CITY HALL — One of the city's top architecture aficionados says the best location for the proposed George Lucas museum couldn't be more obvious: the sprawling, classic, modernist, lakeside, but now largely overlooked McCormick Place East Building, just south of the site selected by a mayoral task force.
"We've got a great building by a world-famous architect — Gene Summers of C.F. Murphy — the old McCormick Place, the oldest building on the McCormick Place complex," said Ward Miller, president of Preservation Chicago. "It's an amazing building that came out of the studios of Mies van der Rohe."
Opened in 1971 to replace the original McCormick Place, which burned down in the '60s and which Miller called "just miserable, a big concrete box ... dubbed the 'mistake by the lake,'" the new McCormick Place offered immense, enclosed vistas and played host to the annual Auto Show and Boat Show. It also had a distinctive space-frame top, which served to bridge the Prairie School and the International Style, and which Miller said still gives it "that kind of 'Star Wars' stealth ceiling."
The building, however, is no longer in vogue, and the greater part of the Boat and Auto shows and other McCormick Place events "have moved on to the other halls" built more recently, Miller said. "Really, for the most part, they're not at their full capacity."
According to Miller, however, that minimalist look, combined with the original 522,000 square feet of space inside, would give the Lucas Cultural Arts Museum an immense blank slate to work with if it were placed there.
"It would have the feeling of a new building if this were done correctly," he added, for instance by renovating the Arie Crown Theater and reopening the "slit" originally running crosswise through the building to allow lakefront access. "This could be a museum where all the funds go almost specifically into the displays, maintenance and staffing of the museum and collecting more, rather than spending hundreds of millions of dollars trying to build a new museum."
The Lucas museum would hold the Star Wars' collection of art and movie-making memorabilia. Lucas, who is married to local businesswoman Mellody Hobson, is also being wooed by San Francisco, which is offering its own waterfront parcel.
So how did Mayor Rahm Emanuel's hand-picked Site Selection Task Force overlook the vast resource that was right there in front of the city's lakefront face? It turns out spending hundreds of millions of dollars on a new building had a lot to do with it.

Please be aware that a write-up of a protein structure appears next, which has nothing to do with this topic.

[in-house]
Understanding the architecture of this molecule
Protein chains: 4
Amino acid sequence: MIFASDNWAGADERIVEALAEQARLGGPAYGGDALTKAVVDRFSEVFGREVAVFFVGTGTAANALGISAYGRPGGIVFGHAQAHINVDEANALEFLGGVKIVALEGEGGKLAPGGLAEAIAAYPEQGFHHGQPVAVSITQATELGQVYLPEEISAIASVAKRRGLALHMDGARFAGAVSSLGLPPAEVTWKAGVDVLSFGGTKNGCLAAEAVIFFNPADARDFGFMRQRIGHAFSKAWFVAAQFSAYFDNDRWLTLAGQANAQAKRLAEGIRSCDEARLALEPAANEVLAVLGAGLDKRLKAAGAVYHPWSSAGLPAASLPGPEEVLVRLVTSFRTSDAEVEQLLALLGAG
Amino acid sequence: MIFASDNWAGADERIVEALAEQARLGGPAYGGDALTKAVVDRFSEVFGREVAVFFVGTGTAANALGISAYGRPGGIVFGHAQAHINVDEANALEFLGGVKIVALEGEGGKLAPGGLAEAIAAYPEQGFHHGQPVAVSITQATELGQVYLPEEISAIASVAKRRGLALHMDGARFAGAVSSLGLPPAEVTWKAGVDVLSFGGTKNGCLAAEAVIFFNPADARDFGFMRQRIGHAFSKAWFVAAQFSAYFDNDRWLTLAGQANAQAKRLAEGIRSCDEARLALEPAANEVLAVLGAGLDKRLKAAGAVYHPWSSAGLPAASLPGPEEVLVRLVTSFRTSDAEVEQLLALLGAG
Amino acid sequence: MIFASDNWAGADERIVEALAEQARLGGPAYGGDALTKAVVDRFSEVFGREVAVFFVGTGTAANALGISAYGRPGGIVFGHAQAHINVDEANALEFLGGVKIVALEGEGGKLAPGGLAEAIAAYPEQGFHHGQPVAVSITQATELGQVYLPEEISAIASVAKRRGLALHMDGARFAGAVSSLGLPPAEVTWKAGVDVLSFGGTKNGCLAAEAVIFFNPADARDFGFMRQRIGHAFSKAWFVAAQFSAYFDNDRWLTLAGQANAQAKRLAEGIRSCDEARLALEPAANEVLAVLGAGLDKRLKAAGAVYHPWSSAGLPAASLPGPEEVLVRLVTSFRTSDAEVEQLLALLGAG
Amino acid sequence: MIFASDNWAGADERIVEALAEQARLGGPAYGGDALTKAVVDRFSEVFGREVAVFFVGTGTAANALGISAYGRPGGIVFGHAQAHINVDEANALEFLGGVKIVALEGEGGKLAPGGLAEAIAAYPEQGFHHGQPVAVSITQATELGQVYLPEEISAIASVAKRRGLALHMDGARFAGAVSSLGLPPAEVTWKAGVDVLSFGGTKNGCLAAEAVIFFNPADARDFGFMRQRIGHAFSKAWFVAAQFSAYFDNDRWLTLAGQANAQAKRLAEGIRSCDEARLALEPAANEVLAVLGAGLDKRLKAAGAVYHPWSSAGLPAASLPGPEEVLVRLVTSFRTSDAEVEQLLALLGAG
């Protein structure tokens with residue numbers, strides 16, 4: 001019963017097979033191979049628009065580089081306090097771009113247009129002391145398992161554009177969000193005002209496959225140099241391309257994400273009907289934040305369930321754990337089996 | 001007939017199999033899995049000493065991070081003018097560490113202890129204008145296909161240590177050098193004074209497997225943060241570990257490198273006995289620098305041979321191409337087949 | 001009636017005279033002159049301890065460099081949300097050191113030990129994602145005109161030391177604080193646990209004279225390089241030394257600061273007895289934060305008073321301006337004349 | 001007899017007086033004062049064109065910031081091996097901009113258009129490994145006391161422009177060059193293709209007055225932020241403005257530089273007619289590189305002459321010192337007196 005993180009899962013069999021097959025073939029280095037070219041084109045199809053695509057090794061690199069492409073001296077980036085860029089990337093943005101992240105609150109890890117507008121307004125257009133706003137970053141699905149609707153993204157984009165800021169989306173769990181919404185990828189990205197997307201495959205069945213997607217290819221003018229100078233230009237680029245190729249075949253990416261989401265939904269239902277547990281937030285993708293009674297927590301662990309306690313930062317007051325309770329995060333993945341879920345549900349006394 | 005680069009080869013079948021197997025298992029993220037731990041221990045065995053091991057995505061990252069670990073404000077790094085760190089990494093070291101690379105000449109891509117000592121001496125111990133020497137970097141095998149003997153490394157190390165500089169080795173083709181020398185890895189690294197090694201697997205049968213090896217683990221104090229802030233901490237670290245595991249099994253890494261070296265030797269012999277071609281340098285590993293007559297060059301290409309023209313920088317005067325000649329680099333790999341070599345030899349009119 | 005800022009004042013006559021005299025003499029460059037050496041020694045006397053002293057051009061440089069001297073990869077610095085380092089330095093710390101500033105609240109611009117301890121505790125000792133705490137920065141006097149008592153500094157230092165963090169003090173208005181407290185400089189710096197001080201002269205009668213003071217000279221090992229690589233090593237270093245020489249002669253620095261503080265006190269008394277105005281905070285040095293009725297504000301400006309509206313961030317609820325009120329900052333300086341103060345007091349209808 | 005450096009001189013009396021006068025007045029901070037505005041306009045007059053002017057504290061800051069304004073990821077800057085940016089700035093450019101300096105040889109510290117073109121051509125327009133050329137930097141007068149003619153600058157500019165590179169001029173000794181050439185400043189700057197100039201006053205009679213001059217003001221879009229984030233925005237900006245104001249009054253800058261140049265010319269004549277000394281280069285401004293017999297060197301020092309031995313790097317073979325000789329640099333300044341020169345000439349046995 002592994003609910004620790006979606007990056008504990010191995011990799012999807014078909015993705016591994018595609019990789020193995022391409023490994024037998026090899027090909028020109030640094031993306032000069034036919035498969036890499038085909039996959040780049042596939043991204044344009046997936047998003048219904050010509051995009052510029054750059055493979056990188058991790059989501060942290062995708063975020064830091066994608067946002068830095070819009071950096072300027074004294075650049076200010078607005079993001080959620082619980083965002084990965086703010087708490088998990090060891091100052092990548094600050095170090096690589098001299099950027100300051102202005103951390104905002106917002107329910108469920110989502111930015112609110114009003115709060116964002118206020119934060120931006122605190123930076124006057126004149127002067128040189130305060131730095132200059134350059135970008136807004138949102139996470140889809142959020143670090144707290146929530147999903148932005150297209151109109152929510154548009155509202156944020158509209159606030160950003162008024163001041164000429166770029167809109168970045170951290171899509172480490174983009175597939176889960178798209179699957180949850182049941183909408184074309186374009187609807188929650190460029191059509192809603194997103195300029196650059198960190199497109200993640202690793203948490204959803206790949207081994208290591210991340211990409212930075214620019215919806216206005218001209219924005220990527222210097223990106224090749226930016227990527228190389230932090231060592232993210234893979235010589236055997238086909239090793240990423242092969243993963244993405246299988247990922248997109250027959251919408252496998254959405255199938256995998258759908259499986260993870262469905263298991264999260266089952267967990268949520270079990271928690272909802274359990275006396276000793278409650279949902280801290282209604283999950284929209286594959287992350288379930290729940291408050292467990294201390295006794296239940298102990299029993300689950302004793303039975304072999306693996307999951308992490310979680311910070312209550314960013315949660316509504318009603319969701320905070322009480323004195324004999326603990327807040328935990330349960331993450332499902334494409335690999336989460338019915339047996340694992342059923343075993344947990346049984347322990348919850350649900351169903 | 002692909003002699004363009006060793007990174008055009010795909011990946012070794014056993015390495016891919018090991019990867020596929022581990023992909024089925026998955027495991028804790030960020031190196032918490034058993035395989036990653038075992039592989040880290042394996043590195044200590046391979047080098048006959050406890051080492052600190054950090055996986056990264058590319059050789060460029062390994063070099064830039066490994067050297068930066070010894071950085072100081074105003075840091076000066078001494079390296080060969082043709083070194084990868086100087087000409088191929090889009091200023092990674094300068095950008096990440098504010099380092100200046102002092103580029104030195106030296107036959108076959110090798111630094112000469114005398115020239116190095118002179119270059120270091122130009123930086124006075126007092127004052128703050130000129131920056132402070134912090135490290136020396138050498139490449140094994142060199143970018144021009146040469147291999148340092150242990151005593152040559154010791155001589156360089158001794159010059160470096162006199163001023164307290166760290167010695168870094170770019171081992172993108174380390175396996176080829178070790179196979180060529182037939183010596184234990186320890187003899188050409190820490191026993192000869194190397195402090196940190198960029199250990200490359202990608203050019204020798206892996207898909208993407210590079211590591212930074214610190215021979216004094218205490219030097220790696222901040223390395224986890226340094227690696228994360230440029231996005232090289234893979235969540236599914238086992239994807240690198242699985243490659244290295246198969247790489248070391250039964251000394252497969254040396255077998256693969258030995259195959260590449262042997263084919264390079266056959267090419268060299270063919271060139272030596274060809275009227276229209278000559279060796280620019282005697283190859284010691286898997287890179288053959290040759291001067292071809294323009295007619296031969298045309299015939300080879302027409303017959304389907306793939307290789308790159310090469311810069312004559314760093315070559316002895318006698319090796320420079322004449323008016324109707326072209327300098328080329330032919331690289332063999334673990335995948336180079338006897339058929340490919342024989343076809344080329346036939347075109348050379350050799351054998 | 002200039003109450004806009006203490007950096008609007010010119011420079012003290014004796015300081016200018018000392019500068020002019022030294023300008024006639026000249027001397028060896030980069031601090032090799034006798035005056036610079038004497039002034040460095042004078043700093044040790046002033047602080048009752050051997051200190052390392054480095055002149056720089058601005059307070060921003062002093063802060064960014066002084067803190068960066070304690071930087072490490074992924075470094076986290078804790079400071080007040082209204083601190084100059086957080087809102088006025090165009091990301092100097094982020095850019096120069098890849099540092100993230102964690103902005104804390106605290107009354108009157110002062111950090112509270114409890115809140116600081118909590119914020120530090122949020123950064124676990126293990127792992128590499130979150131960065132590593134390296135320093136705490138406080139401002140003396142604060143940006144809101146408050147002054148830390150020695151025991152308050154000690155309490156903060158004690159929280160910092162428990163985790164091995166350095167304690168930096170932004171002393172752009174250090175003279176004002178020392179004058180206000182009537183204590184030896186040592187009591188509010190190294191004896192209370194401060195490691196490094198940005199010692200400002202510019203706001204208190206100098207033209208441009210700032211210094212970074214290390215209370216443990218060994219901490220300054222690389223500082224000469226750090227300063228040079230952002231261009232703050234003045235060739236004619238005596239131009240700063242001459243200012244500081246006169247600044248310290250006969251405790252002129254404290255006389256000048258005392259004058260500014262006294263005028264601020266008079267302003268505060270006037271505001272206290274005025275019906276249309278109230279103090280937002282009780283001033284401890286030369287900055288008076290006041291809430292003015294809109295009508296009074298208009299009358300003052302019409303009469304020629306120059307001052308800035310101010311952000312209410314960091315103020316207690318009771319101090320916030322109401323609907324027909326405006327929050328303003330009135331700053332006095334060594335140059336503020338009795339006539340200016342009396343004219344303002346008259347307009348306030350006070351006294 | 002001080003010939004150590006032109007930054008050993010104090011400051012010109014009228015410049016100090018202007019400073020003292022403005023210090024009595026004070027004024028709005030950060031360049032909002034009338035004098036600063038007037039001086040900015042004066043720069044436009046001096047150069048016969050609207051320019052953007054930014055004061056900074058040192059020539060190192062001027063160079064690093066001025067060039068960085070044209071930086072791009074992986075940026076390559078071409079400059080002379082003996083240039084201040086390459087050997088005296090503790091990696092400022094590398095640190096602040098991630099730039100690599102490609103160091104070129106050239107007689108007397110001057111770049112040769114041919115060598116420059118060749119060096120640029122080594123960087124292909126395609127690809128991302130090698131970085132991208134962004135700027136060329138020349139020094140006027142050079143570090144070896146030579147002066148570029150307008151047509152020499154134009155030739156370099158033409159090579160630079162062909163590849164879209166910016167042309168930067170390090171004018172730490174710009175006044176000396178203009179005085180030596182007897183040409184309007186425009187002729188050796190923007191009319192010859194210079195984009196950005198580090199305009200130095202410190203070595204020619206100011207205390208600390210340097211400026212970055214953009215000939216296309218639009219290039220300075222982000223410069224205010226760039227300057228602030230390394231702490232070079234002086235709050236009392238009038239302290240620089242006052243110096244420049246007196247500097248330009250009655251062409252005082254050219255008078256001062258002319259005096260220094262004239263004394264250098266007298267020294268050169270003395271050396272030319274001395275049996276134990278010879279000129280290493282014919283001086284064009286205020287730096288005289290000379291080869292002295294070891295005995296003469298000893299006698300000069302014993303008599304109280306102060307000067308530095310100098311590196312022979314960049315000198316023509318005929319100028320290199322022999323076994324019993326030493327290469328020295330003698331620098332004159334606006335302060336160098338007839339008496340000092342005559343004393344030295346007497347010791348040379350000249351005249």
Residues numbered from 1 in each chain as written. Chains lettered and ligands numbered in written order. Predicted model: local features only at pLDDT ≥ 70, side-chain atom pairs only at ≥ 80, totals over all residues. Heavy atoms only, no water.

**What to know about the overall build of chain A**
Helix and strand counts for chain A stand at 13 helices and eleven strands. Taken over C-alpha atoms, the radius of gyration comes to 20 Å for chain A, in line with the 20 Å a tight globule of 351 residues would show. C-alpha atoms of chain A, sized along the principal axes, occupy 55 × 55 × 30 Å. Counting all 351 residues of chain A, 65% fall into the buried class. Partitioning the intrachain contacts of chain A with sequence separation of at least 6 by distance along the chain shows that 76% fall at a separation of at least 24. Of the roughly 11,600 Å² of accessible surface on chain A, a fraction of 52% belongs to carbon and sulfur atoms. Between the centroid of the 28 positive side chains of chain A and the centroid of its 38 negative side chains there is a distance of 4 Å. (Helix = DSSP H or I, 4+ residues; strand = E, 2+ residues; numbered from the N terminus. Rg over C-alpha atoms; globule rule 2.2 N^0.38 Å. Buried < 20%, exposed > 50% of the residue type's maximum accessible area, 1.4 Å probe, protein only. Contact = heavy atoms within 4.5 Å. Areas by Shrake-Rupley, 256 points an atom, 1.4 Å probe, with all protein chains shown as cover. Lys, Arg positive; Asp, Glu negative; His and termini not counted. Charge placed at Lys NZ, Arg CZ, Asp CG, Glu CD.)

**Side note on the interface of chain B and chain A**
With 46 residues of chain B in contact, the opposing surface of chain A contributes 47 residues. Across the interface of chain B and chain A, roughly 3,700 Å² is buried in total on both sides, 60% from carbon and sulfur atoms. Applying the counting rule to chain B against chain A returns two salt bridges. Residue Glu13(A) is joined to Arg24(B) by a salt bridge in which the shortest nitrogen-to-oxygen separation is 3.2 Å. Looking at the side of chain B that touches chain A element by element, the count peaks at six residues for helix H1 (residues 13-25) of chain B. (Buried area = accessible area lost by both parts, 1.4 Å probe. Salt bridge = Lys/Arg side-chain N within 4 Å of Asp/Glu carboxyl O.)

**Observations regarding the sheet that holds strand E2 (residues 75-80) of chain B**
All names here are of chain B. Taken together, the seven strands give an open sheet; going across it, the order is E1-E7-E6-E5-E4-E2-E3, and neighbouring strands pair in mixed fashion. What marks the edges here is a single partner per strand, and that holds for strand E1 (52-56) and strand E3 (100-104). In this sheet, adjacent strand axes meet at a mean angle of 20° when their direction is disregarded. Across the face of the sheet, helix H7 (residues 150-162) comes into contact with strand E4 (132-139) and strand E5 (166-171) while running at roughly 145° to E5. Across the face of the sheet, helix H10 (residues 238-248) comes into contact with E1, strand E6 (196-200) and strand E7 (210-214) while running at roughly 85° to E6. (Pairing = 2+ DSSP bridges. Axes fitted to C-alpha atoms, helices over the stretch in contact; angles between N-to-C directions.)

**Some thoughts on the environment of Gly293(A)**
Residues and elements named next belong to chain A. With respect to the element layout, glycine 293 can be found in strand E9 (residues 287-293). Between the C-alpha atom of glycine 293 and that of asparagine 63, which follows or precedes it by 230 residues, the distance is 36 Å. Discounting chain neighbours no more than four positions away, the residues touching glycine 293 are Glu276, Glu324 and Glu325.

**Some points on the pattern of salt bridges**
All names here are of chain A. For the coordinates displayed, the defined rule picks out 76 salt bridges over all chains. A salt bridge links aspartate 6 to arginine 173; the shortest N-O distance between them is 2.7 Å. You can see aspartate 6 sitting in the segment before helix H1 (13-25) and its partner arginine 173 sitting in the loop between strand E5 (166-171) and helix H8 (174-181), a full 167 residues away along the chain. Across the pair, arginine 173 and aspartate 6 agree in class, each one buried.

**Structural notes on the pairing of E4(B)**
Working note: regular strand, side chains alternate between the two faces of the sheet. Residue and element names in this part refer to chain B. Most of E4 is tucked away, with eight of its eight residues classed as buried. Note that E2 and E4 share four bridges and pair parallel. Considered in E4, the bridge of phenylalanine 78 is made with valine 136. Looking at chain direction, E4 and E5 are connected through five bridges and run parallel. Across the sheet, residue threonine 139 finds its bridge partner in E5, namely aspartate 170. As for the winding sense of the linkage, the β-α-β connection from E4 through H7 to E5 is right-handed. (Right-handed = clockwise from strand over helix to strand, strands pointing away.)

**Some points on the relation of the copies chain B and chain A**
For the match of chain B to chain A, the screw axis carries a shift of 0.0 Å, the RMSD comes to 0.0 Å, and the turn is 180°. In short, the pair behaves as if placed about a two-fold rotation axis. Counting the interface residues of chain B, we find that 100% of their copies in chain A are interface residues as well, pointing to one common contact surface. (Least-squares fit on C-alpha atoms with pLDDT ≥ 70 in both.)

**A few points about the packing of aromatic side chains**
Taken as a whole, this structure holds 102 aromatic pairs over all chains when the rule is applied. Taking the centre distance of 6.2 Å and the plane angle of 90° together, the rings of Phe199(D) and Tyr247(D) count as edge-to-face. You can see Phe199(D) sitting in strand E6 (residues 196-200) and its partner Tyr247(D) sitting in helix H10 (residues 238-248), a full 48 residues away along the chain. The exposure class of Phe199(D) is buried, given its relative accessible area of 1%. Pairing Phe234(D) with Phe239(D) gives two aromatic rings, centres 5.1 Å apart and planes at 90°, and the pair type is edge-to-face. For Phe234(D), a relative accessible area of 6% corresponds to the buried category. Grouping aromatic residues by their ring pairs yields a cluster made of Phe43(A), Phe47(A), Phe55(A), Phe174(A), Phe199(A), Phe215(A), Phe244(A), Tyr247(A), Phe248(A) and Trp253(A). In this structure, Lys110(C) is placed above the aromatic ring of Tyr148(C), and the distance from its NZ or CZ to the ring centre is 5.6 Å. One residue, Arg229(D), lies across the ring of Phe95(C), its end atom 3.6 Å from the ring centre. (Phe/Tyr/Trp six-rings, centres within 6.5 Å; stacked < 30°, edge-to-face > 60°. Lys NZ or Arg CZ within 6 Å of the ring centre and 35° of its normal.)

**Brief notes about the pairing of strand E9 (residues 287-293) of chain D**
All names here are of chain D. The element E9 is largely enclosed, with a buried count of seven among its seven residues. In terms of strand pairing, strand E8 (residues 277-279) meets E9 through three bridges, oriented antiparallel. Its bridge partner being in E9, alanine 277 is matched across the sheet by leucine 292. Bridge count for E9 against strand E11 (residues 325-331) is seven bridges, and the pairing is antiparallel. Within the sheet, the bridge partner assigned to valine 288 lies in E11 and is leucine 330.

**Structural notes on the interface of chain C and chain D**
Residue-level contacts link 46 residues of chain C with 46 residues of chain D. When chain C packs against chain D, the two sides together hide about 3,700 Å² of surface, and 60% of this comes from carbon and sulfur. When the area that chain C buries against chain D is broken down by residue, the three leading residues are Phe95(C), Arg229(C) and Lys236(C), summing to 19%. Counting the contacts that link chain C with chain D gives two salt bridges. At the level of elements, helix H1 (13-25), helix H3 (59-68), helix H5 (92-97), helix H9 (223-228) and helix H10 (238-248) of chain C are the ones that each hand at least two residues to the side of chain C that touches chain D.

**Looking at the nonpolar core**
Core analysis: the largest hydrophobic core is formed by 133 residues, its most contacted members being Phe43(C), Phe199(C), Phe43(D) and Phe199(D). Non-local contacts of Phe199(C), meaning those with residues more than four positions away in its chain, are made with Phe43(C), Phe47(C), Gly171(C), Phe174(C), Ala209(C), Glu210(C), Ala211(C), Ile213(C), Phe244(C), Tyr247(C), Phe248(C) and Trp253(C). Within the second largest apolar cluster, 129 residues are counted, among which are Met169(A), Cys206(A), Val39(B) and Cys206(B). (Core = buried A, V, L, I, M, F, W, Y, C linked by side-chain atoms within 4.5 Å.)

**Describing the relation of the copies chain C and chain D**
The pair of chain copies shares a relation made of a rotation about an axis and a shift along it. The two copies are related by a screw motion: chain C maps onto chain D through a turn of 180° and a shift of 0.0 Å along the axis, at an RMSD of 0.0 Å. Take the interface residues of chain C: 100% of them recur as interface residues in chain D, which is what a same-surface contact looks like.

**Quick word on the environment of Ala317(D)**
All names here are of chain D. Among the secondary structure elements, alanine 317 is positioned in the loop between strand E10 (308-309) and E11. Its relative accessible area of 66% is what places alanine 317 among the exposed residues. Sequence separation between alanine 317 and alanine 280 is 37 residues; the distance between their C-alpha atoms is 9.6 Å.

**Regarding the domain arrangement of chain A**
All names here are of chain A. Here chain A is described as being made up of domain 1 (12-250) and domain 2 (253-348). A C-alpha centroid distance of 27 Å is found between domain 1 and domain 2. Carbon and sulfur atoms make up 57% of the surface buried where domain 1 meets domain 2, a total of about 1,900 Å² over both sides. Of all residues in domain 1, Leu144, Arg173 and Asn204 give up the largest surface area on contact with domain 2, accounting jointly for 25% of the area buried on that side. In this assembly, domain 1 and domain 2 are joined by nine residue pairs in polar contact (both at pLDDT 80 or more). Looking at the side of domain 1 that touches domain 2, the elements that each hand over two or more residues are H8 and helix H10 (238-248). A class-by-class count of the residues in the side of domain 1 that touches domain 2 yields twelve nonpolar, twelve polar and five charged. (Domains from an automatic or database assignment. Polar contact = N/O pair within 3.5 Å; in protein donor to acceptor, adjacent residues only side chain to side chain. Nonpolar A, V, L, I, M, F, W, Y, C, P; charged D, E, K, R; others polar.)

One of the four key goals the task force set itself for the site was that it "would offer a setting for a new iconic structure," according to its final report, "one that captures the imagination of visitors and reflects the innovative genius of its benefactor."
The report said "sites within existing historic landmarks or sites with active plans for development that would prevent new construction were removed from consideration."
The Illinois Institute of Technology's Armour Building, the old Main Post Office spanning Congress Parkway, Festival Hall at Navy Pier, Block 37 and Wolf Point were all specifically ruled out. The old McCormick Place apparently wasn't even considered.
That's because politicians love new buildings, because they keep developers, contractors and construction workers employed and happy. The report estimated a new museum building would create as much as 2,500 jobs and $200 million in construction wages, and have a ripple effect in up to $95 million in construction-related contracts for minority-owned businesses and up to $16 million for women-owned businesses.
"We believe the proposal that we put forward is the strongest one for Chicago," said mayoral spokeswoman Libby Langsdorf. And, while Miller said the old McCormick Place basically plays host to "supplemental exhibitions" at this point, the city countered that it's still needed for the biggest conventions.
Yet Miller was quick to point out converting the old McCormick Place would also remove a considerable city headache in that it would negate opposition from groups like Friends of the Parks, which argue that the new museum, if built on the parking lots south of Soldier Field, would violate Chicago's longtime Lakefront Protection Ordinance.
"While we are very supportive of the Lucas Cultural Arts Museum coming to Chicago, we oppose its siting on lakefront public open space," said Friends of the Parks President Cassandra Francis in an earlier statement. "The Lakefront Protection Ordinance specifically states that 'in no instance will further private development be permitted east of Lake Shore Drive.' It is clear that the siting of the Lucas Museum in this lakefront location contradicts our prior city visionaries’ goal of continuous public open space along the lakefront."
"I think this would be a no-brainer," Miller said. "It's a marvelous opportunity. It would offer so much to the lakefront, and extend the museum campus, without harming the footprint of Grant Park and without getting into the lawsuit of buildings in the park."
It would also mean the city wouldn't have to relocate tailgating Bear fans.
But of course it's all moot if Chicago isn't selected as site of the museum by Lucas himself, with his hometown of San Francisco also putting in a strong claim.
For more neighborhood news, listen to DNAinfo Radio here: